WHY NOT YOU?
IP RIGHTS ESTABLISHED BY LAW
We’ve already considered why scientists need to think of Intellectual Property (IP) as ‘creations of the mind’ and explained that IP rights are established either by law or through legal agreements.
Here are the key points you should know about those rights established by law.
PATENTS PROTECT THE FUNCTIONAL FEATURES OF A PRODUCT OR PROCESS
Compounds, compositions, processes, Genetic Modified Organisms and bioinformatic applications can be protected through patents if they are: novel, inventive and have industrial applicability. They are not necessarily excluded from patentability under the rules that apply to IP protection.
New uses for existing products/compounds/compositions might also be patentable in special cases.
In bioinformatics, patenting may be a relevant protection right where an invention, offering a technical output, is implemented via a code. In Europe, ideas that lack a ‘technical effect’ cannot be patented (other jurisdictions may take a different approach).
PLANT BREEDERS’ RIGHTS PROTECT NEW PLANT VARIETIES
Plant Breeders’ Rights stop companies from reproducing a commercial variety protected by their competitors for sale in the market without the rights owner’s permission. However, the system is set up in a way to allow companies to use their competitors’ materials as initial breeding lines to produce new varieties of their own. So, in a way the protected material can be used for innovation.
In order to be considered eligible for protection, a new variety must be: distinct (i.e. have different characteristics to other plants of the same species); uniform (i.e. all plants in the variety must share the same characteristics); and stable (i.e. remain unchanged after repeated propagation).
COPYRIGHTS APPLY TO SEVERAL OUTPUTS TYPICAL OF RESEARCH
These include publications, databases, computer software and apps, common outputs from agricultural researcher. Protection is granted automatically as soon as work is created.
DATABASE RIGHTS ARE GRANTED FOR SUBSTANTIAL INVESTMENT INTO OBTAINING, VERIFYING OR PRESENTING DATA
In this context, databases are defined as a collection of independent data arranged in a systematic or methodical way and individually accessible by electronic or other means.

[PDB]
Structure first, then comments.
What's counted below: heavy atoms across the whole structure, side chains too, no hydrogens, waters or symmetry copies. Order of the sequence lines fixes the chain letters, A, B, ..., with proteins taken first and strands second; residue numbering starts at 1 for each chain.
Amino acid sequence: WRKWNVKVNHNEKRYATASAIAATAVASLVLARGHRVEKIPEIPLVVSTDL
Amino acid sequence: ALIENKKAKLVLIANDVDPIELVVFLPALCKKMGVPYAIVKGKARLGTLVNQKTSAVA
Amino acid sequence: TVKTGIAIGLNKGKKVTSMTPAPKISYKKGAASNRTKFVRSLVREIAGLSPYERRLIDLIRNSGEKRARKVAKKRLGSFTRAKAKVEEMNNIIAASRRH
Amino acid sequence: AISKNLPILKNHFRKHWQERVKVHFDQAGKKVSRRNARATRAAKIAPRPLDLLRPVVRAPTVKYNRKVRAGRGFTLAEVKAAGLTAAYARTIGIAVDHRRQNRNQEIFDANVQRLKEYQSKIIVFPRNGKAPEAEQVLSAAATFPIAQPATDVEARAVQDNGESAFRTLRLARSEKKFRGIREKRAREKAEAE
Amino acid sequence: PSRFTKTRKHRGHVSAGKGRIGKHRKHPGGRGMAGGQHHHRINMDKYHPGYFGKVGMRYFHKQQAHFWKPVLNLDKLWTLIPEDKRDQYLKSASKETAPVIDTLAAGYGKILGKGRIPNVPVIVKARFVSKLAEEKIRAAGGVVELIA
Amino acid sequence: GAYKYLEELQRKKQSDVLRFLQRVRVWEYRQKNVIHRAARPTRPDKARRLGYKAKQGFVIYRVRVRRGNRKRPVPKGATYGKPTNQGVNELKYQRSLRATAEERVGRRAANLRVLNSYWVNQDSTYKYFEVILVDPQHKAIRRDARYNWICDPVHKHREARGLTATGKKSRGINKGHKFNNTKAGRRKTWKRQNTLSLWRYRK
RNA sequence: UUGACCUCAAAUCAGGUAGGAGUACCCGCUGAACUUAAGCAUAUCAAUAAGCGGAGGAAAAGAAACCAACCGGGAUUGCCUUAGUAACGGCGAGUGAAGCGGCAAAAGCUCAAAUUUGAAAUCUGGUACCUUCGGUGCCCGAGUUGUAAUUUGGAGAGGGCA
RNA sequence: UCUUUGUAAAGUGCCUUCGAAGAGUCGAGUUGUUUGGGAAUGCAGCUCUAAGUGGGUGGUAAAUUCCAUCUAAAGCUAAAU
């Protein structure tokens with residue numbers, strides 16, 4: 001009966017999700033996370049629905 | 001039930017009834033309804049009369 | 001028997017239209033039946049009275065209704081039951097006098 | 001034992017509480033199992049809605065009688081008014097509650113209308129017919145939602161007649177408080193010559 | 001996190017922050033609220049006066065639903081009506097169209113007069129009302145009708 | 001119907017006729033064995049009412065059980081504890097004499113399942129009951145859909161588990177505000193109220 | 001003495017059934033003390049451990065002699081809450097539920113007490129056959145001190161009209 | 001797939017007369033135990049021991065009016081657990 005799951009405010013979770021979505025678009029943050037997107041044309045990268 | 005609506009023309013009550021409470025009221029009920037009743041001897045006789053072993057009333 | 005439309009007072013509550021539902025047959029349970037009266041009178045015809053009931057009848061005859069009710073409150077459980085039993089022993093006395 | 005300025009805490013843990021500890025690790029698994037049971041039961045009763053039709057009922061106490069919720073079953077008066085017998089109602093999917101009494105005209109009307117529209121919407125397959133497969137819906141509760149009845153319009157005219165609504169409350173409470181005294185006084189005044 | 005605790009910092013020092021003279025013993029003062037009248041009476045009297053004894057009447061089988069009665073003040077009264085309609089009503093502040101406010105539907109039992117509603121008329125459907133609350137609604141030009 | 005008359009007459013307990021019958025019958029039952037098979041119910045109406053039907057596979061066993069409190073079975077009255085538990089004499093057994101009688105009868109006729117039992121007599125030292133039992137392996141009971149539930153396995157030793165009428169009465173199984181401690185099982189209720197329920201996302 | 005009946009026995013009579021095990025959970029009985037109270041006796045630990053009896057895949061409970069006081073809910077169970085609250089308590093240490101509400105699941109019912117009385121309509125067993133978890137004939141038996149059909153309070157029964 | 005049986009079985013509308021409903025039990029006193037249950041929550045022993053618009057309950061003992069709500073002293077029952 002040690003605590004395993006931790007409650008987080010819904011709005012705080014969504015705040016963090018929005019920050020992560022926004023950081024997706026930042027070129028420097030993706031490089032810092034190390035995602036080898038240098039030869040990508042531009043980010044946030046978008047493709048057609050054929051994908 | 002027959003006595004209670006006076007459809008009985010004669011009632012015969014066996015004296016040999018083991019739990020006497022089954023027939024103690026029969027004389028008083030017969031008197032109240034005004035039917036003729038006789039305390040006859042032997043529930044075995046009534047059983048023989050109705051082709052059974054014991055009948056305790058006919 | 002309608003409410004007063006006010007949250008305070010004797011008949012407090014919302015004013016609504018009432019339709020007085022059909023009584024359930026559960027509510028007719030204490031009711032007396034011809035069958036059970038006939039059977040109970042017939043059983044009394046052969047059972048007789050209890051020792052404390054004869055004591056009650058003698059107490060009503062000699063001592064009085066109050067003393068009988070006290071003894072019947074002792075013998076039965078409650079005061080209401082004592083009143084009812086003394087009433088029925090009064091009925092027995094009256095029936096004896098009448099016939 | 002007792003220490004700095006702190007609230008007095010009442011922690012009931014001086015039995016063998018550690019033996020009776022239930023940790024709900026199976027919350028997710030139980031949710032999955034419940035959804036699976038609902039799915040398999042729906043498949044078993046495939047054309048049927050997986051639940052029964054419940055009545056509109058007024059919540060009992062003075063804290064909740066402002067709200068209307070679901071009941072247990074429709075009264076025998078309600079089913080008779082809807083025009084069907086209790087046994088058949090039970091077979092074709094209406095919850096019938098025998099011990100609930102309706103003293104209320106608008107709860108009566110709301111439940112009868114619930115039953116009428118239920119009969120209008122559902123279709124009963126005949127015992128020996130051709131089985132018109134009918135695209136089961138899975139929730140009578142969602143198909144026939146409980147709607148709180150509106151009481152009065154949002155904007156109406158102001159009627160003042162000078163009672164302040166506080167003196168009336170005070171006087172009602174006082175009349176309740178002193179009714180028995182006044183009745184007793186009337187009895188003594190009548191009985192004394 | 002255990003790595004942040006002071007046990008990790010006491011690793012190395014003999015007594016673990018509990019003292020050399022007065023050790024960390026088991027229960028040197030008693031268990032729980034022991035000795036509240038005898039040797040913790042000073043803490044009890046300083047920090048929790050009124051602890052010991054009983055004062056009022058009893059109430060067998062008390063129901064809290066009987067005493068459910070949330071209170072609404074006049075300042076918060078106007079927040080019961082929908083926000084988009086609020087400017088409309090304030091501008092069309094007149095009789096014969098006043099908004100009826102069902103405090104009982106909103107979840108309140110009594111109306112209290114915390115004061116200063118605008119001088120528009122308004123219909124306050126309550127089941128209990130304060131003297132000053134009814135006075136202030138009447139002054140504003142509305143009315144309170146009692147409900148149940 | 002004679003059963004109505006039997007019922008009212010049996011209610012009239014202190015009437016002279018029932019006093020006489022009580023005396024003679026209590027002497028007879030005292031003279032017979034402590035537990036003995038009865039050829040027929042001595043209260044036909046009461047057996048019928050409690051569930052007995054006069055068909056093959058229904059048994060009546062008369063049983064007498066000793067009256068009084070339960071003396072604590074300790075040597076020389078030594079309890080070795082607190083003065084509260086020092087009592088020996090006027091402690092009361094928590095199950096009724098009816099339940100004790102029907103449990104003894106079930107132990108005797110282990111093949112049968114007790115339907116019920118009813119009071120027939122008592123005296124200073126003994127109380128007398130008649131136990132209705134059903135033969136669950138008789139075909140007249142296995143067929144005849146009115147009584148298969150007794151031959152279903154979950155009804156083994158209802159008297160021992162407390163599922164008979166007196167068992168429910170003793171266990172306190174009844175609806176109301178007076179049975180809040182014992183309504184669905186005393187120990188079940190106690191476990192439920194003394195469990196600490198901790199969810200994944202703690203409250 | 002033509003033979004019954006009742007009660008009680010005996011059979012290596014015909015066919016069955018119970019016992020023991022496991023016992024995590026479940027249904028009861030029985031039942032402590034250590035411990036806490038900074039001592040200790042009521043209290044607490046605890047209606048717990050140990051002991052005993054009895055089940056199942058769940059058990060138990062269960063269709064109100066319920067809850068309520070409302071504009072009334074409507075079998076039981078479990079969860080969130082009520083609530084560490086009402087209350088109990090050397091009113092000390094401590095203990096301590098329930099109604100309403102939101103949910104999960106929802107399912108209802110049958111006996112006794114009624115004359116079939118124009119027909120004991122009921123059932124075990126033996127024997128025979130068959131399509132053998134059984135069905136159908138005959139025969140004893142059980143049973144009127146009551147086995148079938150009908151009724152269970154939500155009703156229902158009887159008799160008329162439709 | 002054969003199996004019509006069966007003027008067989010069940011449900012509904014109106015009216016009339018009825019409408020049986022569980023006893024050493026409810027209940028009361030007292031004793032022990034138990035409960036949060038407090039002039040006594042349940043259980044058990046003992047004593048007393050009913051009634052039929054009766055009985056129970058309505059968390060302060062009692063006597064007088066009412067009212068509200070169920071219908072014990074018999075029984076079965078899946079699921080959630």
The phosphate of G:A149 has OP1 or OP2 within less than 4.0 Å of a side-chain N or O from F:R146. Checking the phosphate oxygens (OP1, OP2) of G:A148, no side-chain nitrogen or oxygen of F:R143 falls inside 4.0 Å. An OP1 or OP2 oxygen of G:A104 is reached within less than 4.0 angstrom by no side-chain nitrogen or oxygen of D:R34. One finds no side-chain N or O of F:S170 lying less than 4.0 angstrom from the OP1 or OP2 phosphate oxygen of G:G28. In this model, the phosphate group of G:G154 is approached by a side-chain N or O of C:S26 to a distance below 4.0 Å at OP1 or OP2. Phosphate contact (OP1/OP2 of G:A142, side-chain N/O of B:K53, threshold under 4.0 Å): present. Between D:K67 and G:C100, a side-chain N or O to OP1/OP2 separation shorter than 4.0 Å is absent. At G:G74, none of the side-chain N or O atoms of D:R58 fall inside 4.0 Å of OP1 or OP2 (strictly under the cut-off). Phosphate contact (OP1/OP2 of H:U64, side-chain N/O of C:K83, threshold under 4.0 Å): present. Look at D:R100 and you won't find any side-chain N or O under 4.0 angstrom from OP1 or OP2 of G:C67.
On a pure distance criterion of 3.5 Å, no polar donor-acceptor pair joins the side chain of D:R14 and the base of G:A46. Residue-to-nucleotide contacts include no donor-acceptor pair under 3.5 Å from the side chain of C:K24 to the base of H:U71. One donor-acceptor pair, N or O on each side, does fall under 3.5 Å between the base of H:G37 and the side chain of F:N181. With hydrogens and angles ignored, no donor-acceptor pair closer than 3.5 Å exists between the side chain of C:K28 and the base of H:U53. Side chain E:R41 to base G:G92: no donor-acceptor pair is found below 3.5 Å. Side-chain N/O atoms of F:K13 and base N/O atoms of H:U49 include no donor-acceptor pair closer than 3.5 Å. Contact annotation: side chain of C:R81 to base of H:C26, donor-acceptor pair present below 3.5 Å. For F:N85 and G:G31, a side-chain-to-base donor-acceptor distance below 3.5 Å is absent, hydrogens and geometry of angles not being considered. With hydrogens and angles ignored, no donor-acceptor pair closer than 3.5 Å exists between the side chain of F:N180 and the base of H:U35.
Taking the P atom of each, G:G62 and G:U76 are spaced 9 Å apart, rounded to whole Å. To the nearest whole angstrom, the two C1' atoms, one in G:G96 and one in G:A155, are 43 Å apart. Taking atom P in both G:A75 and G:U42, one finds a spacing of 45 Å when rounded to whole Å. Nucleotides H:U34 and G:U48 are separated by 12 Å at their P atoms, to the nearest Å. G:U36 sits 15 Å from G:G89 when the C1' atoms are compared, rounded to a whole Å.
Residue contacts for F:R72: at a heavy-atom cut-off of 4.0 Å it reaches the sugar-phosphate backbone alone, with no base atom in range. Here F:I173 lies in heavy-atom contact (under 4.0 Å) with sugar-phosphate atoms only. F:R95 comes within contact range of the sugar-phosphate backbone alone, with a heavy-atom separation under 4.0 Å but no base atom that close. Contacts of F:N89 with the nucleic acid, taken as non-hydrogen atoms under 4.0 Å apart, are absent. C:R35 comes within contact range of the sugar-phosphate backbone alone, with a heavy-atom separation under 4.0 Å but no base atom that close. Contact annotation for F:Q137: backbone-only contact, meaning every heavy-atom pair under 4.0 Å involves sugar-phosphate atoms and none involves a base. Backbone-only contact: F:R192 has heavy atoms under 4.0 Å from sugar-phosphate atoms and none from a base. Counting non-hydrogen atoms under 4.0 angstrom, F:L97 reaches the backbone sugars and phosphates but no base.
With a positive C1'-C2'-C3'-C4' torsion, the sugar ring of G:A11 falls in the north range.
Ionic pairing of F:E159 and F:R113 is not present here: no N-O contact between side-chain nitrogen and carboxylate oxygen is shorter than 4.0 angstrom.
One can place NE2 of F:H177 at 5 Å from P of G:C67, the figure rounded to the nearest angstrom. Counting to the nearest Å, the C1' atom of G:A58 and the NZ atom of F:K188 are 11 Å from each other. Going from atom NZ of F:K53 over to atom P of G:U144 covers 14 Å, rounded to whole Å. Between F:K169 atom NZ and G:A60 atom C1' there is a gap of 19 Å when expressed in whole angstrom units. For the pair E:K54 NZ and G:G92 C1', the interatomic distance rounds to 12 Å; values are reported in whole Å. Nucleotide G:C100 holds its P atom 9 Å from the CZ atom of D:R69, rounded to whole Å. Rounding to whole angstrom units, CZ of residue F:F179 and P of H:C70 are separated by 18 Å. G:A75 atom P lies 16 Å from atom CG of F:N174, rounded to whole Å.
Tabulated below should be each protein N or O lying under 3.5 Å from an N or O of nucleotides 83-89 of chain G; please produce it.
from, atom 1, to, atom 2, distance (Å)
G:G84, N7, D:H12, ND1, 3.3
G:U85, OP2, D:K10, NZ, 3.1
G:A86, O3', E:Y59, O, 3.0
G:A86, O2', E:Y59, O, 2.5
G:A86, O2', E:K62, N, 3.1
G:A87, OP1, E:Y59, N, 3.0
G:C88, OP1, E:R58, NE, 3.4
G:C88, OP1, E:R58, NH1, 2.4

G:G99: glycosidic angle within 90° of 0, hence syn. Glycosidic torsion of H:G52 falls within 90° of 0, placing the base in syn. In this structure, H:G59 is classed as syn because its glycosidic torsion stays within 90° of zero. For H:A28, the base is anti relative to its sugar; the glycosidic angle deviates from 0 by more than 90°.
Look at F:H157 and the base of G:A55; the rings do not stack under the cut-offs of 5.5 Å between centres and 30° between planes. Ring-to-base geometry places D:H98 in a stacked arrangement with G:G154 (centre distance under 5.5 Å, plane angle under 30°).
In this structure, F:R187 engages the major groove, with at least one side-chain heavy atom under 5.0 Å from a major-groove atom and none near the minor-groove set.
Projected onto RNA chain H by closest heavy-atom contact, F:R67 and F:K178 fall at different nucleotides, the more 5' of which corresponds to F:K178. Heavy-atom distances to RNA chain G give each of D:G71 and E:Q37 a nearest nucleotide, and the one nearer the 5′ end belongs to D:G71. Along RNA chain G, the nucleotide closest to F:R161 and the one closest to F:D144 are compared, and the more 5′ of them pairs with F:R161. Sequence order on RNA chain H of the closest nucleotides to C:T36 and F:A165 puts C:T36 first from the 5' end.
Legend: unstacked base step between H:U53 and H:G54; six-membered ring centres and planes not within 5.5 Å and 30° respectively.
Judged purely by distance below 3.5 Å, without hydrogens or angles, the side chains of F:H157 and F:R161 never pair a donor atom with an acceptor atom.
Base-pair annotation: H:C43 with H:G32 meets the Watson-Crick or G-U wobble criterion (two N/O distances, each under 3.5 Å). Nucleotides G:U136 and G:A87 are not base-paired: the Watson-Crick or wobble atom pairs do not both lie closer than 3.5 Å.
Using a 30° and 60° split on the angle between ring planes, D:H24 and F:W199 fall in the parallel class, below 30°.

Protection is granted automatically against extraction and use of all or ‘substantial part’ of a database.
However, repeated and systematic extraction or re‐utilisation of insubstantial parts may eventually be considered a substantial part.
KNOW-HOW IS ALSO A TYPE OF IP – BUT ONE WHICH YOU MIGHT WANT TO KEEP SECRET
Sometimes organisations choose to keep internal procedures, tricks of the trade and practical knowledge confidential.
The formula for Coca-Cola is possibly the most widely-used example of this.
It’s important to remember: protection only lasts for as long as information remains secret!
REGISTERED DESIGNS PROTECT THE APPEARANCE OF A PRODUCT
Sometimes your work might result in the design of a physical product. If the appearance of the product is important to you, then a registered design can stop others from using the design.
As with patent applications, an application should be filed before your design is made public.
UNREGISTERED DESIGNS PROTECT THE SHAPE AND CONFIGURATION OF A PRODUCT
Whilst it is necessary to file an application for a registered design to protect the appearance of a product, unregistered design right is automatic. Whilst it doesn’t last for long as a registered design, it can still be very useful.
TRADE MARKS PROTECT A BRAND NAME OR COMPANY NAME
When collaborating with external partners, academic organisations want to ensure their brand and company name is being used in an appropriate manner.
Trade marks ensure their rights in stopping other organisations from claiming product endorsements or a nature of relationship that is not agreed, should an issue arise.